Sainsbury’s successfully appeals St Albans council rejection of nostalgic murals in Harpenden

PUBLISHED: 17:00 10 May 2016 | UPDATED: 17:17 10 May 2016

The murals on the outside of Sainsburys in Harpenden High Street

The murals on the outside of Sainsburys in Harpenden High Street

Archant

Illustrations depicting Harpenden’s yesteryear which were banished for being Sainsbury’s ‘advertisement clutter’ have been allowed to remain, after a successful planning appeal.

The murals on the outside of Sainsburys in Harpenden High StreetThe murals on the outside of Sainsburys in Harpenden High Street

St Albans council’s rejection of mural-style pictures on the supermarket chain’s High Street branch was overturned recently, in a decision hailed as a victory for ‘common sense’ by the town’s civic watchdog.

The retailer had asked for permission to display ‘a significant number’ of new and replacement signage to the conservation area-based store and car park.

While the council gave the go-ahead for most of the signage, it rejected mural-style pictures on its supermarket, which fronts onto High Street.

Planning officers were not happy that the proposed heritage graphics would “visually dominate the front of the building and fully obscure the existing opaque glazed windows beneath”.

The murals on the outside of Sainsburys in Harpenden High StreetThe murals on the outside of Sainsburys in Harpenden High Street

The council said in its refusal last November that the graphics “would result in significant advertisement clutter to the street scene and would have an adverse impact on the character and appearance of the subject building.”

But Sainsbury’s fought back, saying in appeal documents that while the store was a “key driver of custom and footfall within Harpenden town centre” the building was neither nationally nor locally listed, and had not been identified as being an important feature in the conservation zone.

Furthermore, “the panels have been incorporated to add visual interest to the elevation. In our view, [they] enliven the appearance of the building”.

The supermarket giant explained the images comprised hand drawings of “important heritage assets in the local vicinity of Harpenden and provide a positive link between the store and the wider heritage designations in the area”.

Sainsbury's previous vinyls in High Street, Harpenden, before they were replaced with heritage panels. Photo courtesy of Sainsbury'sSainsbury's previous vinyls in High Street, Harpenden, before they were replaced with heritage panels. Photo courtesy of Sainsbury's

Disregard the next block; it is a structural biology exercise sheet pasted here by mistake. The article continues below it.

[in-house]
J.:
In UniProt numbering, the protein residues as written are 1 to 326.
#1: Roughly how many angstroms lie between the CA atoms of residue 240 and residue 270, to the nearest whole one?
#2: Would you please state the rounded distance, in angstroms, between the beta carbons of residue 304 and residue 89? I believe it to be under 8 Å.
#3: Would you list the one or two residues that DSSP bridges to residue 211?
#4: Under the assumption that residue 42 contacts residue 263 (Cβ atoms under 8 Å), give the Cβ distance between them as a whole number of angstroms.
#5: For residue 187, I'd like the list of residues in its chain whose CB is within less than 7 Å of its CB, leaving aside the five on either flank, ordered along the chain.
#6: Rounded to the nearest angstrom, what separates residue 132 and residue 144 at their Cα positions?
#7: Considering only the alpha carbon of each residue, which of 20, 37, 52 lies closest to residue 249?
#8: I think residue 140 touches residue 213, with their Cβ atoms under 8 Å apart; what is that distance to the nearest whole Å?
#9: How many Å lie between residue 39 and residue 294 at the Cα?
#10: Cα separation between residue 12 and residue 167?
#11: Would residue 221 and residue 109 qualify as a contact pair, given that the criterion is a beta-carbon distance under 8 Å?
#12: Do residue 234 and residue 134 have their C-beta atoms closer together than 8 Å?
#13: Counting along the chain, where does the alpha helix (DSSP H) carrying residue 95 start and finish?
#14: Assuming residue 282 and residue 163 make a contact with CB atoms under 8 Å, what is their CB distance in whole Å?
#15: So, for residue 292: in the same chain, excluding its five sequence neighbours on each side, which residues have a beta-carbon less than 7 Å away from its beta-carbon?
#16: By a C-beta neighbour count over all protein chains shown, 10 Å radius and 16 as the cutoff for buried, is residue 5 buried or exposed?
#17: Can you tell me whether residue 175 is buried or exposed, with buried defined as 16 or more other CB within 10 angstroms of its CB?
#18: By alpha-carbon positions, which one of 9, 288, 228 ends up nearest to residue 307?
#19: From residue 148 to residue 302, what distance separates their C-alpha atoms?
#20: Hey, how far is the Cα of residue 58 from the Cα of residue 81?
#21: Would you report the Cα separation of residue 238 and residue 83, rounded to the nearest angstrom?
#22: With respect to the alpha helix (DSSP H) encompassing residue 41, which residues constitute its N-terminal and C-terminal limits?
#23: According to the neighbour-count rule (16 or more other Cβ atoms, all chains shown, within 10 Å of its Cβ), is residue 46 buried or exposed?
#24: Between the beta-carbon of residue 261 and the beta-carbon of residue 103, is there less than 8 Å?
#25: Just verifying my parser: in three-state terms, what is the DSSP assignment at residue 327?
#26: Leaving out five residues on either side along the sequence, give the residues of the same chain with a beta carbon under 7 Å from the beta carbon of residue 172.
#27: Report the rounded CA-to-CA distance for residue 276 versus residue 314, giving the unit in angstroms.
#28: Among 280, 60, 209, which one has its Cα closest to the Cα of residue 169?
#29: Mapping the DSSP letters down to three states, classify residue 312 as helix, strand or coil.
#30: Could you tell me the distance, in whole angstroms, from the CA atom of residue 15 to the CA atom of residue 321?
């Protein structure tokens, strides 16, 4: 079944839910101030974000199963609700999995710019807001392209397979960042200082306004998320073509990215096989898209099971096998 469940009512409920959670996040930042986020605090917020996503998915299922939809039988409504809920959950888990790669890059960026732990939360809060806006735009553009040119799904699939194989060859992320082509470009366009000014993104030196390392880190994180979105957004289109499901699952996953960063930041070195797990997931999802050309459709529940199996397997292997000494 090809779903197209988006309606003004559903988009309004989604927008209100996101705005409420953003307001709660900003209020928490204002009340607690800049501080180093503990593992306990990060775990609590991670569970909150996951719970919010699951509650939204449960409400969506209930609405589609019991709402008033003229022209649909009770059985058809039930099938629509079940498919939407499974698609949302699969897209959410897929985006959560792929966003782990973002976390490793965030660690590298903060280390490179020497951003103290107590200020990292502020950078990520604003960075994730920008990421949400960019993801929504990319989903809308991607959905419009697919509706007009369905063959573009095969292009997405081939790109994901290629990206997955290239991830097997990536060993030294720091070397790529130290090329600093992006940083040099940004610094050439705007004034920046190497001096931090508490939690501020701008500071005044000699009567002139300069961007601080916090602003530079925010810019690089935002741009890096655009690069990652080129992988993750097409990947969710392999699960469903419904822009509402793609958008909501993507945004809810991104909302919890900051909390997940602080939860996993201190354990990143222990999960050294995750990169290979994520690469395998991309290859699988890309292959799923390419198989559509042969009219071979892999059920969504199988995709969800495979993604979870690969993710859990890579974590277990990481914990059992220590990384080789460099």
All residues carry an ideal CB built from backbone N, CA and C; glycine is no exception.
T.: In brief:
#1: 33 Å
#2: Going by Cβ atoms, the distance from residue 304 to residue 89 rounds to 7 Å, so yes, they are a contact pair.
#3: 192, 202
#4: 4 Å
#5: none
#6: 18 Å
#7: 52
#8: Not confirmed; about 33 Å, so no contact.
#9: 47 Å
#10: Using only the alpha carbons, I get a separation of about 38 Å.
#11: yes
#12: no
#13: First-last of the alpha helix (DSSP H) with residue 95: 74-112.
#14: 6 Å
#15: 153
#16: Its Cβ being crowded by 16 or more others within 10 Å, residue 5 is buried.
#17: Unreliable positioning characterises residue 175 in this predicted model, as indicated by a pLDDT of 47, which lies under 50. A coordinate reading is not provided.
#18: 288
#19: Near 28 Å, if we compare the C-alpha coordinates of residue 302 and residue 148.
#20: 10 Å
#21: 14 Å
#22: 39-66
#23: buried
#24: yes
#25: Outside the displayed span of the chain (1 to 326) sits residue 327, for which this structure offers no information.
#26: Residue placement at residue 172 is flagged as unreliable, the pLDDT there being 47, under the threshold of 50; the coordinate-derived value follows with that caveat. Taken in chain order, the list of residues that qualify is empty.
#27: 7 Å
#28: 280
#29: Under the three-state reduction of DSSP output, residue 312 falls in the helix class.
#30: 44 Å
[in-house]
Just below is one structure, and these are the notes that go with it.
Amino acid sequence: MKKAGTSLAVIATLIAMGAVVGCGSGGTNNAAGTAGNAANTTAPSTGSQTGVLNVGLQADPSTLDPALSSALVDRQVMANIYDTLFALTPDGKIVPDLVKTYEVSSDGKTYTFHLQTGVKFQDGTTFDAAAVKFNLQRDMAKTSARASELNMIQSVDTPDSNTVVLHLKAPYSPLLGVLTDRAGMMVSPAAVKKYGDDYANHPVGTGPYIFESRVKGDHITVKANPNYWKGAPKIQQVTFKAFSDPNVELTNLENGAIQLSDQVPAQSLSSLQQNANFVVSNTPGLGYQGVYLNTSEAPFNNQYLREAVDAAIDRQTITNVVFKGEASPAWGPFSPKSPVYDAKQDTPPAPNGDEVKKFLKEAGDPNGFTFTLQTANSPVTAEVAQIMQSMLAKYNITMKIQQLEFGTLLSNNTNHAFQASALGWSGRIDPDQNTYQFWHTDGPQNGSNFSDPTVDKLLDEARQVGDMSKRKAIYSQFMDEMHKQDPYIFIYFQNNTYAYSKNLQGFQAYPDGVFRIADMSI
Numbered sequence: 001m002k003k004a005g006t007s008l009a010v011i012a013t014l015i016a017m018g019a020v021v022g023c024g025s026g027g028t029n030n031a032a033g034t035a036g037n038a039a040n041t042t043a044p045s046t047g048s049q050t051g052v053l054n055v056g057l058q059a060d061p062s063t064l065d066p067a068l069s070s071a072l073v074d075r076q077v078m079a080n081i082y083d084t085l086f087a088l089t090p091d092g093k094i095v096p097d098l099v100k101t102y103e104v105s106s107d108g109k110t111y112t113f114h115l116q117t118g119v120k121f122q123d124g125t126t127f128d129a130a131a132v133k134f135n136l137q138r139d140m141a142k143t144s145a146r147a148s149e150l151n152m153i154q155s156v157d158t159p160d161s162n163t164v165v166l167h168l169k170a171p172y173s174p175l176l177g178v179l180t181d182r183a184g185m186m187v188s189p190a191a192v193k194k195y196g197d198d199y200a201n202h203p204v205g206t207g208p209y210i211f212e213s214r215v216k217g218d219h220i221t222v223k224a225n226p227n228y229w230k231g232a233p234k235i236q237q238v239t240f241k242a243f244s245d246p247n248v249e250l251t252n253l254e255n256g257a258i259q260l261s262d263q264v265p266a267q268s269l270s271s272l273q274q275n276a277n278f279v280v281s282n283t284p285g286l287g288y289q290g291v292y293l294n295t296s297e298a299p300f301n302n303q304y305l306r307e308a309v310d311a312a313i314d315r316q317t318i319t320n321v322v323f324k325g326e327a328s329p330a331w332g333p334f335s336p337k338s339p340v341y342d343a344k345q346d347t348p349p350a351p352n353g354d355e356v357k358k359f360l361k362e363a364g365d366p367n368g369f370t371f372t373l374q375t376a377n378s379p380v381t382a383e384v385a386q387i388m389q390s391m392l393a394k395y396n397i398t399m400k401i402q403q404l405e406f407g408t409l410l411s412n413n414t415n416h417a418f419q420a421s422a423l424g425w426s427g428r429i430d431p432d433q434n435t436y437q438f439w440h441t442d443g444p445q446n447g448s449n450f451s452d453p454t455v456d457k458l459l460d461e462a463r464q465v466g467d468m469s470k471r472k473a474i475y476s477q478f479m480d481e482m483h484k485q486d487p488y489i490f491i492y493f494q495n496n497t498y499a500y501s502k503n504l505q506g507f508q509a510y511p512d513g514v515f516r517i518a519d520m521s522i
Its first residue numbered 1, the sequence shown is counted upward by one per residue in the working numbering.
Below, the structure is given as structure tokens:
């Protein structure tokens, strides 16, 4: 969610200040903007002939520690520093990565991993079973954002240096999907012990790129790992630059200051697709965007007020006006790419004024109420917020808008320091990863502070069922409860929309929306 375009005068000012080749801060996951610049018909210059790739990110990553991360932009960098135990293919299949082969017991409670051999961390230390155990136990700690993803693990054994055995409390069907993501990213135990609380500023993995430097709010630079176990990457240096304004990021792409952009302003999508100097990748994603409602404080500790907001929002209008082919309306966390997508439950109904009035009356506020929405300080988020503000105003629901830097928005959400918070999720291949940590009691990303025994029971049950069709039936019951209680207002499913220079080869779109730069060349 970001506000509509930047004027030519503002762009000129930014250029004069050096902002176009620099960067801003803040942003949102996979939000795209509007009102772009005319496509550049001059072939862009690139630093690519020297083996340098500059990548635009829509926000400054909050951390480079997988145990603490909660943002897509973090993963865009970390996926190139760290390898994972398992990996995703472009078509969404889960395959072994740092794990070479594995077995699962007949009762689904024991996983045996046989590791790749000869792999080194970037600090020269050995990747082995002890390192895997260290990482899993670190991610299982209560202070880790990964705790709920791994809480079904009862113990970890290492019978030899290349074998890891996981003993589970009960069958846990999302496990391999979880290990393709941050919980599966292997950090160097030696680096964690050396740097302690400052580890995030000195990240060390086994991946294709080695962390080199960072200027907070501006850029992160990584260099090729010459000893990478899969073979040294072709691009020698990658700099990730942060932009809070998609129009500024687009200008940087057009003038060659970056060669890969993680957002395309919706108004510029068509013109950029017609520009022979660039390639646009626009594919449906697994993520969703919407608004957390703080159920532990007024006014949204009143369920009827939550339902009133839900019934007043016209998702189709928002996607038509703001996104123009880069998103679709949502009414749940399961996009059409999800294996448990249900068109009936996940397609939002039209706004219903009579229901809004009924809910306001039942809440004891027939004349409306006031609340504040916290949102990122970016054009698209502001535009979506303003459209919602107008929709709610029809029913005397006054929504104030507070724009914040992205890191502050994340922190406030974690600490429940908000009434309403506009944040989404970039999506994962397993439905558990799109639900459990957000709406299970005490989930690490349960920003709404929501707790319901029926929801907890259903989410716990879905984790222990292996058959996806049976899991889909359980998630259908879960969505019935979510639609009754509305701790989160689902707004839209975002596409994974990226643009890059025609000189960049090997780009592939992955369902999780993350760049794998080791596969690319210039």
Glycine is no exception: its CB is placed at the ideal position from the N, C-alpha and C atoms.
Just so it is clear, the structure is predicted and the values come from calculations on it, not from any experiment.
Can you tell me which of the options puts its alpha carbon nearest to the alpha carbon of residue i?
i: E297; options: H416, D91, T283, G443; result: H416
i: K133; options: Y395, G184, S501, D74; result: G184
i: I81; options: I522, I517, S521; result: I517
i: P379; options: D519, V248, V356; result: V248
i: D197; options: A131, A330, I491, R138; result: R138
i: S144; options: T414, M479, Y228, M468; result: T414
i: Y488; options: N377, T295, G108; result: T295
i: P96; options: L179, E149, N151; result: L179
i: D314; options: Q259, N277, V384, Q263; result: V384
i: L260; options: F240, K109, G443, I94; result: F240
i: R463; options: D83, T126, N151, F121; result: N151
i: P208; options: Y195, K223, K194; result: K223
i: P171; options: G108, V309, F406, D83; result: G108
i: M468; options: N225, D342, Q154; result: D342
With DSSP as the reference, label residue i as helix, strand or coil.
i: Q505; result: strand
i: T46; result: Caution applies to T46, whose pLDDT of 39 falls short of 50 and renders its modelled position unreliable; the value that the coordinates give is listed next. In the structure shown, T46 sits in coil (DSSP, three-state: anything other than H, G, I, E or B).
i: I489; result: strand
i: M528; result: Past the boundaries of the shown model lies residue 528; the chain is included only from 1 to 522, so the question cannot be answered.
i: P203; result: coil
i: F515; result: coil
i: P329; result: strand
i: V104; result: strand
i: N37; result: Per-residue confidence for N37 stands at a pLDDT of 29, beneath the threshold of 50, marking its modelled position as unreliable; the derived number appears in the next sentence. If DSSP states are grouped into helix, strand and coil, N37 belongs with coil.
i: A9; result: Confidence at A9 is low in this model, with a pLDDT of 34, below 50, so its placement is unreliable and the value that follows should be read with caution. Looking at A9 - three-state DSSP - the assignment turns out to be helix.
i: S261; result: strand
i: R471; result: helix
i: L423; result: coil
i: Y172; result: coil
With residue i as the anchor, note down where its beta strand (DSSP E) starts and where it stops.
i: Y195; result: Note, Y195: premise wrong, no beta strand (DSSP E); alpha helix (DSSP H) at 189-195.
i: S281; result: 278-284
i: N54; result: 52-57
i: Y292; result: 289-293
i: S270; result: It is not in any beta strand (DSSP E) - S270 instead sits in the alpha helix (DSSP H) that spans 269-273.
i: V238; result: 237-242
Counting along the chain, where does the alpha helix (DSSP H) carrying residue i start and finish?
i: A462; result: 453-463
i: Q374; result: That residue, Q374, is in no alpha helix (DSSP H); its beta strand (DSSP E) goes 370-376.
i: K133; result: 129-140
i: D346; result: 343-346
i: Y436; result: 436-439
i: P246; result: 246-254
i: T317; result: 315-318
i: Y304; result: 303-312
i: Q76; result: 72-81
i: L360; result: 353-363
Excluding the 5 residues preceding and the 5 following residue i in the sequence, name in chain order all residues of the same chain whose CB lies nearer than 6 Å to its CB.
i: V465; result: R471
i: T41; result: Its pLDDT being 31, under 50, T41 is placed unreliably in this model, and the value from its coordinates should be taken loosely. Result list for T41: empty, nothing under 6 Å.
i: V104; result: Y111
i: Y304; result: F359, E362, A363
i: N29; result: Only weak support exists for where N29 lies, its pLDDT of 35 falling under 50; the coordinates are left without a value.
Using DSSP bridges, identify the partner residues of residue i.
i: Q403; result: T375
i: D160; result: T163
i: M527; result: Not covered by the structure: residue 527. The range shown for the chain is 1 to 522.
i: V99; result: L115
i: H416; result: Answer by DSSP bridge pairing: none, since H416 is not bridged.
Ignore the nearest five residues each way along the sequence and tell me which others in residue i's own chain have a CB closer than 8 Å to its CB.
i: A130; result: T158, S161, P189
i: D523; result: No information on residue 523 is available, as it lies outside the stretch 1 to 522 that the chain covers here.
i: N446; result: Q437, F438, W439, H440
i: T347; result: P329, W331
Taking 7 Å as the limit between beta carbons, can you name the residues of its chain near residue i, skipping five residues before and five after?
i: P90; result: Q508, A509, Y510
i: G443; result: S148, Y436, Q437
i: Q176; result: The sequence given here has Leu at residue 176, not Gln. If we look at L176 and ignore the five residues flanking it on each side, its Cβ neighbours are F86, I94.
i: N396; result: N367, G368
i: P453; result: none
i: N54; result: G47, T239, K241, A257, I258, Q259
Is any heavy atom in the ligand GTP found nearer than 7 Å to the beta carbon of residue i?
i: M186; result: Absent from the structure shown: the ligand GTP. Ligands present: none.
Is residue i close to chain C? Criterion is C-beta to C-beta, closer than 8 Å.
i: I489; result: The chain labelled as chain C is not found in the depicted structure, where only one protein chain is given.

Planning inspector Michael Boniface allowed the appeal, and in granting retrospective consent for five years, said: “the area is clearly commercial in nature and the prevalence of advertisements in the town centre is notable”.

Noting the council’s preference for the previous windows to remain visible, instead of the new signage, he pointed out the pictures were “subdued in colour and provide visual interest”.

His overturning of the rejection was welcomed by The Harpenden Society, particularly as the civic group had earlier awarded the local store with a letter of commendation for the illustrations’ “superb graphic style and very interesting historic theme”.

Society chairman Chris Marsden had written to the planning inspectorate in mid-April, alerting it to the award, saying that “without knowing about the planning decision the awards committee decided early in March to give Sainsbury’s a letter of commendation. Such letters are given sparingly to small scale improvements which in the society’s opinion improve the amenity and/or look of the town.

“We have been asking for more attractive use of these panels for several years and were delighted by the new designs, which are both attractive and tell some of the story of the town.”

In light of the planning inspector’s subsequent decision, the society’s PR officer Ron Taylor said last week: “Thankfully common sense has prevailed following a visit to Harpenden by the inspector.

“It’s a shame a planning officer from St Albans didn’t assess the reality of the situation rather than follow the legal rules. The costs incurred by all parties and the time wasted on such a petty issue could surely have been spent on more pressing items from a planning department already short-staffed.”

Sainsbury’s head of property communications David Mills said the company was pleased with the decision “as it means we can make our store more visible to local shoppers”.

It was a case of third time lucky for Sainsbury’s, as the retailer had sought consent for similar signs to those refused in 2009 and 2014.

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